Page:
With the funerals over and the FRG temporarily disbanded, we still needed to find a way to endure the next nine months of the deployment.
Read Our Story from the beginning.
The months following the funerals were filled with dread and uncertainty. I had no idea what my boyfriend was going through: how trying to sleeping during the day for night missions was nearly impossible on a base as large as BIAP; how, with his platoon separated from the rest of his unit, he had to deal with unfamiliar and often incompetent leadership; how as ranking officer from his unit he was responsible for not only the physical safety, but the general well-being of fifty other guys.
I was new to the military. I didn’t know any of it and he certainly didn’t tell me much. When I asked what he needed me to send him, the answer was always, “Nothing.” They had it all on base. They had phones, internet connection, a huge PX and even fast food places. They had a chow hall, a swimming pool and a barber shop. They got their laundry done for them and T had his own digs.
Other than being out on the road every night, navigating through the IED-infested streets of Baghdad, it seemed like things should be pretty good for him.
Well, they weren’t. But I couldn’t see it. All I knew was that my boyfriend had email and phone access, but our communication was limited to one short phone call where he was constantly distracted by music, shouts and the delay of the international wire, and one email per day. (I didn’t have a computer, so my emails were all sent and received from work or from K’s house.) Instead of the starry-eyed start to a new relationship when we should’ve been inseparable, we were thousands of miles apart and we were constantly beset with the misunderstandings of a toneless email environment and the miscommunications born from two totally different sets of experiences.
Fearing that our relationship wasn’t growing as it should, I became more and more needy. I begged for more communication. Then, when I did get it, I reacted negatively, letting my feelings be hurt by every little nuance of an email. After one such misunderstanding I complained, “It’s hard enough for me to tell when you’re joking when I’m talking to you, never mind in email where tone is more difficult to express.” We didn’t have the luxury of history, so we didn’t know each other well enough to fill in the blanks.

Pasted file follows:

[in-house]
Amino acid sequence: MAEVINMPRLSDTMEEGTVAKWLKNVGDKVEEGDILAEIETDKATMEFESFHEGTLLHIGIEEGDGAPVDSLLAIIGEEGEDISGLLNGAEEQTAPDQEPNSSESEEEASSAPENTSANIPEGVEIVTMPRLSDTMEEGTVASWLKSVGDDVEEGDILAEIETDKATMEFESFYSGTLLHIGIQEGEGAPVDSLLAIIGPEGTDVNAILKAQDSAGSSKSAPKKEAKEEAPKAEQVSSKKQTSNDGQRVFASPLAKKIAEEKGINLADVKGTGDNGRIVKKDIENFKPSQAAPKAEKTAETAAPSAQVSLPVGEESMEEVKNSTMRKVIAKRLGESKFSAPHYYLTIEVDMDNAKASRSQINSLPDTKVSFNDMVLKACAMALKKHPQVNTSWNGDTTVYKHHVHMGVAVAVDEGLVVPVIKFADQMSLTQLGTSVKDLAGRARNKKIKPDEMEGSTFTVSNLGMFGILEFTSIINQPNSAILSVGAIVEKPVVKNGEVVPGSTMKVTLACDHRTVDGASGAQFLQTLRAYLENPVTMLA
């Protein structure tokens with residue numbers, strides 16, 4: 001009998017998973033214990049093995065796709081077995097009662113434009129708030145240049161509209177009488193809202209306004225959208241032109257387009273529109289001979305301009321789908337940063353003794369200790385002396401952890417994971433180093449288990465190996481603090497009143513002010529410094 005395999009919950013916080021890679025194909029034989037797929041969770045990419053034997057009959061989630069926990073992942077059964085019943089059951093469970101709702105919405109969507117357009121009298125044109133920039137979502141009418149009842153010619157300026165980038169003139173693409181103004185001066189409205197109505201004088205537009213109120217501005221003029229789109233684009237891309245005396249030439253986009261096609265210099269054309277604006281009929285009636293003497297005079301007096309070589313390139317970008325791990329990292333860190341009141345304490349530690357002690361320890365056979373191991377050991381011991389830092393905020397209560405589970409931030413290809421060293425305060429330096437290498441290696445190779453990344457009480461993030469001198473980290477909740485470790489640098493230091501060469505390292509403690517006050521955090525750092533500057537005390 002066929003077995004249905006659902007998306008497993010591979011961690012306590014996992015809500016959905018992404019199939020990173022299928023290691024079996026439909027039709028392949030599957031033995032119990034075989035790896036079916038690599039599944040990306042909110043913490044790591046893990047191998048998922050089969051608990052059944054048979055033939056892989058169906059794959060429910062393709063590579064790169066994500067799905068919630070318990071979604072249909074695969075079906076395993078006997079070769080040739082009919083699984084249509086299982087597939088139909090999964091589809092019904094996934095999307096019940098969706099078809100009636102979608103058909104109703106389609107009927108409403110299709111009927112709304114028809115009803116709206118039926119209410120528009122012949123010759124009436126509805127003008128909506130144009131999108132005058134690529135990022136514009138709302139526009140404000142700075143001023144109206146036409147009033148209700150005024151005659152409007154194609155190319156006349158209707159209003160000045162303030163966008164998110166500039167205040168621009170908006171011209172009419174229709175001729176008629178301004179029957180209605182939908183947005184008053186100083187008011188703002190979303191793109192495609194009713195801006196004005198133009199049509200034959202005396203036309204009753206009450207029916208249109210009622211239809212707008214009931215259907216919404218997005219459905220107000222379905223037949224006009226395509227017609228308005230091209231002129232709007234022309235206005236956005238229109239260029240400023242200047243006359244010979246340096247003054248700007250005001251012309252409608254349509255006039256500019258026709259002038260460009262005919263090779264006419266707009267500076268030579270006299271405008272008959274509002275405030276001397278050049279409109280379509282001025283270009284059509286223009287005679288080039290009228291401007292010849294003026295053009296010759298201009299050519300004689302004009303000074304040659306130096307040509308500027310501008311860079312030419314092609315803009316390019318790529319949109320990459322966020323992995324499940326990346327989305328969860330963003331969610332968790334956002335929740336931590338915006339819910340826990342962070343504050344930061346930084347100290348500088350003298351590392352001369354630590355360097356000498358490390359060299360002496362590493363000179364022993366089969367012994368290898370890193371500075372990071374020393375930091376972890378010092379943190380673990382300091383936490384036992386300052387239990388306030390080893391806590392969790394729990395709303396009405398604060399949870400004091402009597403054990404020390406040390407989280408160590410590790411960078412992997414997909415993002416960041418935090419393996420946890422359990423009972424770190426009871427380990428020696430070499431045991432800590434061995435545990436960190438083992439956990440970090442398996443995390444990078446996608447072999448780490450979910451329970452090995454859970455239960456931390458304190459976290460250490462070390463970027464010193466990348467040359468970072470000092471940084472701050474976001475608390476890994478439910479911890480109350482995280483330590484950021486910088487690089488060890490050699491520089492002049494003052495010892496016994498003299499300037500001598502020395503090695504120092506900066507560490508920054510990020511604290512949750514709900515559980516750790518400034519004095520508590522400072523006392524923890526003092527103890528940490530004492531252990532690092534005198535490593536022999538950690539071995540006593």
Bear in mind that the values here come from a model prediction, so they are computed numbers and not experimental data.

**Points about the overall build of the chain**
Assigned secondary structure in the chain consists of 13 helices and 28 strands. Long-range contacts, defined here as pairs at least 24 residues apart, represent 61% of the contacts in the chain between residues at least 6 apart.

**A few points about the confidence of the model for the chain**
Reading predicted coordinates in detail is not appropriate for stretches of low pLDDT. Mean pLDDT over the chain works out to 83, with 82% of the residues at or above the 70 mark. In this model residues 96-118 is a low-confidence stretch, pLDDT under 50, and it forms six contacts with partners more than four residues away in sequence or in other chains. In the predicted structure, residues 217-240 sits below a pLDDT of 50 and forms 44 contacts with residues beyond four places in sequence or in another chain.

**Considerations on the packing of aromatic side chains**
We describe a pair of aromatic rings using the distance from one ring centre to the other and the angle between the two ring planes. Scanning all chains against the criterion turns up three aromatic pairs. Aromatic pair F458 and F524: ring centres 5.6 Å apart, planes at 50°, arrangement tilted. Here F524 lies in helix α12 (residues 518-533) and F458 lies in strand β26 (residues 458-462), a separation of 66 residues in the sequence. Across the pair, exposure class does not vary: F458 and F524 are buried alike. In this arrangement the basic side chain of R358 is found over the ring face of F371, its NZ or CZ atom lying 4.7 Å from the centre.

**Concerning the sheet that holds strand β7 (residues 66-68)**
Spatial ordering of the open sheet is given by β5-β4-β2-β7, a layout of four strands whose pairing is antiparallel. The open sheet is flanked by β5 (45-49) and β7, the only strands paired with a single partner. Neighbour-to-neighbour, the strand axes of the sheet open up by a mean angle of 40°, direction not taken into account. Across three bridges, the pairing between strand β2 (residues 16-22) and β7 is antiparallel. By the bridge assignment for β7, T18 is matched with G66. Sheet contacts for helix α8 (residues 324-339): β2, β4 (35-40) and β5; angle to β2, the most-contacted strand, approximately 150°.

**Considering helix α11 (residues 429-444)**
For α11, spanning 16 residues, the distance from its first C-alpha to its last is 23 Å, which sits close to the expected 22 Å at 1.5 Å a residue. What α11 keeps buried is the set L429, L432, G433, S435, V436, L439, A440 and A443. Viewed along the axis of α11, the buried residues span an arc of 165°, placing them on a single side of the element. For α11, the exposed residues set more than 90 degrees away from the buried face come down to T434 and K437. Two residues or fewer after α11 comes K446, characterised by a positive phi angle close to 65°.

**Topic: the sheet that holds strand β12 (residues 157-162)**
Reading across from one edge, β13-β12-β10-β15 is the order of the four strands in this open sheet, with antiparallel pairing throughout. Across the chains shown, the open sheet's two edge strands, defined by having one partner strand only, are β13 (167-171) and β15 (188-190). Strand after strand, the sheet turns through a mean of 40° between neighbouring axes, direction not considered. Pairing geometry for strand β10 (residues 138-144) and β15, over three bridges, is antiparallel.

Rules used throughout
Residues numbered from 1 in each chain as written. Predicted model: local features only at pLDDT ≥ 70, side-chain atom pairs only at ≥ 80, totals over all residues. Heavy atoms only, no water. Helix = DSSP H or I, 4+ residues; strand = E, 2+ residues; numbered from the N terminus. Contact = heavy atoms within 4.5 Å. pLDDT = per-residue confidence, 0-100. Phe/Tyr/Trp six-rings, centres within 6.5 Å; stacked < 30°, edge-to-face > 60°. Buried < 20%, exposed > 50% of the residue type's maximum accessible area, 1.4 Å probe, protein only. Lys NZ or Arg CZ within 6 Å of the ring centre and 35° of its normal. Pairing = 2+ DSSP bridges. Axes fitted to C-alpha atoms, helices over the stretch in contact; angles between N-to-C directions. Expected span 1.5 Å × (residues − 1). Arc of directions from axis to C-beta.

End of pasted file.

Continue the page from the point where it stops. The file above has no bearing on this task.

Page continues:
Yet, somehow, this man never lost patience with me. Not then, anyway. Not while he was still deployed. He just continued to send more and more loving emails.
And there were some good moments. We joked and made each other laugh and sent increasingly steamy emails as leave approached. We developed some interesting ways to stay connected. But I still needed a way to cope with the tension and the gut-wrenching pangs of worry and the long, empty nights where I lay and wondered what it was really like where he was and why he couldn’t be with me. I needed an outlet.
Clearly, alcohol hadn’t worked for me.
So K and I turned to exercise. We pumped up our running program. We set goals for ourselves. And we began hiking.
Being in the woods was almost like meditation for me. The earthy smell breathed its way into my pores and flushed out the toxins of stress. The sound of tricking water melded with that of little peeping birds and tiny rustling creatures, making a subtle music of epic joy. It was creation. It was pure. And it was truly spiritual.
Hiking brought me closer to my boyfriend, even during his absence, in a way I didn’t anticipate. He is an avid hiker and has hiked about 75 of New England’s 100 highest mountains. I met him on a hike and we had plans to hike during his leave. Hiking became a bond between us.
So K and I hiked.
We hiked Cranberry Peak in May.
We laughed with Little K and Laurie Loo for the length of the trail.
We laughed at the summit as we posed for silly pictures to send to Iraq.
And we laughed when we got lost, thinking of the joy our men would take in teasing us.
For the record, we weren’t really lost. We knew exactly where we were and we knew where we needed to go. We just didn’t know how to get there. But I don’t see how we were to blame for poor trail maintenance. Even the warden couldn’t find the trail right away.
Yes. Yes, we had to call the warden to take us down. Not one of our finer moments.
(I love how in this picture Little K’s face so clearly shows that she’s thinking, You guys are idiots. And I’m stuck with you. Great.)
In early July we hiked East Osceola and Mount Osceola.
My boyfriend had hiked Mount Osceola several times and when he learned we were going he told me of his experiences. He had never seen the view from the top because it had always been raining or socked in the clouds. In fact, he wanted to hike the mountain again sometime for that very reason.
When K and I started out, it was a sunny summer day, without a cloud in the sky. I couldn’t wait to tell T that I had gotten to see a view he hadn’t.
But as we neared the summit, a fog rolled in, seemingly out of nowhere. The first drops began to fall as we came out of the woods and the rain continued for as long as we were on the top. I stood looking out at the white blanket obscuring the other mountaintops and thought about how it felt too big for a coincidence, even considering the weather of the Whites. It felt mystical. I got goose bumps on my arms and tears rolled down my face. I had never felt closer to my boy.
When we turned to go down the trail, the clouds broke. The rest of our hike was sunny.
Finally, in late July, we hiked Borestone Mountain.
For this hike, we travelled up Maine and spent the weekend with a fellow military spouse. We had a lovely time connecting with this friend who knew just what we were going through.
That was our last hike for a while. By August we were planning for two weeks of R&R with our men. K’s husband would be home in the middle of August and T would arrive a week later.
I couldn’t wait to finally see him again.